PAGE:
Report card: Sarah Thompson, AU President

Photo: Raphaël Benros

Sarah Thompson cutout

As Sarah Thompson approaches the end of her year as Athletic Union President, the general consensus is that it has been a successful term. Her policy of “collaboration, communication, evelopment”, primarily geared towards the increased presence of the ‘Saints Sport’, seems to have largely paid off, minor glitches aside.

Popularisation of sport

As someone who “didn’t do sport at school”, the experience of university sport made a big impact on Ms Thompson. She ran on the policy that sport in St Andrews should not be the sole preserve of the ‘sporty’ but should be for everyone to enjoy.

A year ago, she said that “we should be promoting an idea of Saints Sport being something that everyone can be involved in, regardless of being involved in a club or not”. Initiatives such as the weekday “Night Lights” matches, whereby clubs self-consciously advertise important BUCS matches as evening ‘events’ rather than mere fixtures, have been well. Where Night Lights events were only staged by a few clubs before Ms Thompson’s presidency, they are now commonplace across most major sports.

Alumni networks

Another key aim, and success, of Ms Thompson’s has been the strengthening of club alumni networks.  It does indeed seem that alumni of many clubs have reintegrated themselves in a way they had not before. The Football Club actually devoted an entire weekend to their alumni at the end of last season, staging matches all weekend and ultimately a Club ball replete with a nostalgia-laden auction.

Yet it is not just the major sports whose alumni networks have flourished in the past year; many smaller clubs have also reached out to the past in a way they hadn’t before. The president of the Water Polo club has recently spoken about how its founding students – who made water polo goals from abandoned fishing nets on West Sands – only recently returned to visit the Club, many of whose members weren’t even born when those fishing nets were picked up some twenty years ago.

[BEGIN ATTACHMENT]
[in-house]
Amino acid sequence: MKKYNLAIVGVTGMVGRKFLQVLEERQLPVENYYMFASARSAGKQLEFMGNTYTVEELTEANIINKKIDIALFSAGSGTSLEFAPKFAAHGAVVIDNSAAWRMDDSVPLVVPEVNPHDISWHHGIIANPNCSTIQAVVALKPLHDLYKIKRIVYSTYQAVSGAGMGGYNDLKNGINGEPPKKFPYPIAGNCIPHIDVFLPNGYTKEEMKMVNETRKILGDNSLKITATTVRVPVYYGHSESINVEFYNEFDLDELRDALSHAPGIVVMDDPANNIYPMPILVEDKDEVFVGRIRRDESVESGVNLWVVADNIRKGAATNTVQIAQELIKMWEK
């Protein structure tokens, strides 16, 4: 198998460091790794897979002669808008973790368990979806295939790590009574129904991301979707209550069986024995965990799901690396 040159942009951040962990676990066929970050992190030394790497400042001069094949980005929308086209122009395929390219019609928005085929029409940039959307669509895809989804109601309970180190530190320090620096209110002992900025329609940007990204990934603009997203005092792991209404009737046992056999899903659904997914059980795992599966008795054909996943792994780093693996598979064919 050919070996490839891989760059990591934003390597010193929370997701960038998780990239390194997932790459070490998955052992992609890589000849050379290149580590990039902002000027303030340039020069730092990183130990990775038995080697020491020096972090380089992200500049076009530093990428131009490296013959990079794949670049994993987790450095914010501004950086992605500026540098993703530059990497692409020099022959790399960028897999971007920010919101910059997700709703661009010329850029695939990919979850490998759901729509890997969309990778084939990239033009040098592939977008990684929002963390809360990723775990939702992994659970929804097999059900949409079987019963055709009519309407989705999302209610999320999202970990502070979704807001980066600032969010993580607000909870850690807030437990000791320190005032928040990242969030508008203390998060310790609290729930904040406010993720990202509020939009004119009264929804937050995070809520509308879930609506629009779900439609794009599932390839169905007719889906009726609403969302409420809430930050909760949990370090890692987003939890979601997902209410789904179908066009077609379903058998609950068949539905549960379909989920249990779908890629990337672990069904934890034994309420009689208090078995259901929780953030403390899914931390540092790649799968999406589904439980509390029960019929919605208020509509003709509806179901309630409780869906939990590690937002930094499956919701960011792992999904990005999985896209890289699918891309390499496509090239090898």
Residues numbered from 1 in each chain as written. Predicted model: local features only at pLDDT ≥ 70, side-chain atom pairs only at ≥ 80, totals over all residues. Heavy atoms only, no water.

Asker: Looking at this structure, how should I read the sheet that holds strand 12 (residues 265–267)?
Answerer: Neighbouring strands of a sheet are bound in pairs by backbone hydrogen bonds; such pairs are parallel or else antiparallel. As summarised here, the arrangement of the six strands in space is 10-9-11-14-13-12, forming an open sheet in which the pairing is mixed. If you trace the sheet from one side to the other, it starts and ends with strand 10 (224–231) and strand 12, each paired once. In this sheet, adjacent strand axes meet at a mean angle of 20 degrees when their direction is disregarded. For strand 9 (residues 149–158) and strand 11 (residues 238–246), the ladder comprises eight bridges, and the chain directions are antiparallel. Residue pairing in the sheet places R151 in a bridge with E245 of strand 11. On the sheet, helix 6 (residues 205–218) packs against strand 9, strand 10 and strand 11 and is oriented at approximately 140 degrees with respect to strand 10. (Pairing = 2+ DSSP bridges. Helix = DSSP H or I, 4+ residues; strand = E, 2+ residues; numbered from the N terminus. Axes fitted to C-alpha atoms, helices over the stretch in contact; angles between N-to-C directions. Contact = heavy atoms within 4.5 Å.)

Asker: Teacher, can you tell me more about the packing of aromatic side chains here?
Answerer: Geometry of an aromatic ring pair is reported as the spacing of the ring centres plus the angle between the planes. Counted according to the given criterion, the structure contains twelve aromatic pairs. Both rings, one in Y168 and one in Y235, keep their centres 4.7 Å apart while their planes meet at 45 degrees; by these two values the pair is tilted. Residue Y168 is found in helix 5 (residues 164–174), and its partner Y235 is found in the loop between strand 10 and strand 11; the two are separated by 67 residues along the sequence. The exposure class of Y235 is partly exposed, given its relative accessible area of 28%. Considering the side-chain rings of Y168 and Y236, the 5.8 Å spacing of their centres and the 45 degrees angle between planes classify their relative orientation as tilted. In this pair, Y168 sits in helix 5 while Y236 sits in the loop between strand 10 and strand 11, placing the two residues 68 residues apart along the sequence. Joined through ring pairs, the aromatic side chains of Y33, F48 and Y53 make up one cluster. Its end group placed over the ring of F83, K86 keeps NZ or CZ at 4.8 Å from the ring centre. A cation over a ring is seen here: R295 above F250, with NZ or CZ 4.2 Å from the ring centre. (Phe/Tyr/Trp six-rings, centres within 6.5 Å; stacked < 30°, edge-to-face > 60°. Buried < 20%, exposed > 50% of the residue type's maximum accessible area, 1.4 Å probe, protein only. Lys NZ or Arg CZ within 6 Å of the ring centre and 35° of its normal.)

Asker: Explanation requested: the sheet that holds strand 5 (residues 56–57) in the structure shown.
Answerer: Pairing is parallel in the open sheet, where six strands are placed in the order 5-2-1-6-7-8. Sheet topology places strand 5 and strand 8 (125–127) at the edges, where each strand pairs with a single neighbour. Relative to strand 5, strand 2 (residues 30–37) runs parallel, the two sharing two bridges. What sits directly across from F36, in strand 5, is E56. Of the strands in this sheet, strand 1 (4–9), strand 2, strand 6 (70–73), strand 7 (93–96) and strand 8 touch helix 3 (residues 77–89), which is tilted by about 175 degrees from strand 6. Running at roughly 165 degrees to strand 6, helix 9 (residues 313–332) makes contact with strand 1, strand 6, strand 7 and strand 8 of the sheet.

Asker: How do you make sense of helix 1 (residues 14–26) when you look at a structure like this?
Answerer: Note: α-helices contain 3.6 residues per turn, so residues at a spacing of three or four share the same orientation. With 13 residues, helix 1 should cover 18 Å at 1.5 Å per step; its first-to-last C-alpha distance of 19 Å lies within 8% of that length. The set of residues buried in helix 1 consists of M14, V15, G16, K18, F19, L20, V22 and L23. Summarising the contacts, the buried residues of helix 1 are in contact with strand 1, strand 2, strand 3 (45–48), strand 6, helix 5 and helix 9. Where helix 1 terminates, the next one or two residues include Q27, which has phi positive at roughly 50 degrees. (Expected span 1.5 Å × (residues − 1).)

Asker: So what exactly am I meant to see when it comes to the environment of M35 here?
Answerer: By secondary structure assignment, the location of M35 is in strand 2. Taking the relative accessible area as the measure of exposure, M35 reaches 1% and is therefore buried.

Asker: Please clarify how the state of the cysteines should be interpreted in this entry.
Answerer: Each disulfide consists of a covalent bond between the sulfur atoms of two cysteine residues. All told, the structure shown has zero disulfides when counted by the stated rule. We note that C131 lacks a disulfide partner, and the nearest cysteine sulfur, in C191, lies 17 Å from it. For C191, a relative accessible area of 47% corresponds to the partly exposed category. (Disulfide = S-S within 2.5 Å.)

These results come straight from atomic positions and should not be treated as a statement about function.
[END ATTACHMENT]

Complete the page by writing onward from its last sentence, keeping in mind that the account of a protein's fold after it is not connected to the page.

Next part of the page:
The final aspect of Thompson’s overarching policy, ‘development’, is also flourishing. The redeveloped sports centre is set to open in January 2016 and the proposals promise enhanced facilities as well as a more user-friendly Sports Centre. Although some may feel that the £5million outlay is too steep, the proposals seem sufficiently long-term to justify the initial cost.

Sport kits

Perhaps the only obvious negative has been the problems with sports team kits. Irish sportswear company O’Neills were brought in to replace the ageing Kukri brand last summer, with many clubs complaining that the Kukri kit was too easily torn and not versatile enough. Yet O’Neills themselves failed to deliver on kit, with the lack of waterproof training tops a particularly glaring flaw. Students’ current kit is therefore an odd mix of Kukri and O’Neills, with neither fit for purpose. In fairness to Ms Thompson, there is little she could have done – O’Neills were formally warned several times over failed deliveries – and they have since been dropped as kit provider as of next academic year. A black mark on Ms Thompson’s tenure, yes, but one that more coincides with it than truly reflects it.

The Saint’s aassessment

Overall, Ms Thompson can look back happily on her year as AU president, with her policies largely fruitful. Although many of them are too long-term to have yet been fully realised, this is only in virtue of their sheer ambition. For Ms Thompson, sport is not just about winning or losing but is a real force for good. Regardless of whether or not Ms Thompson’s ambitions are ultimately fully realised, such an attitude remains hugely admirable. If she re-runs for presidency therefore, there is nothing to suggest she won’t – or shouldn’t – retain it.


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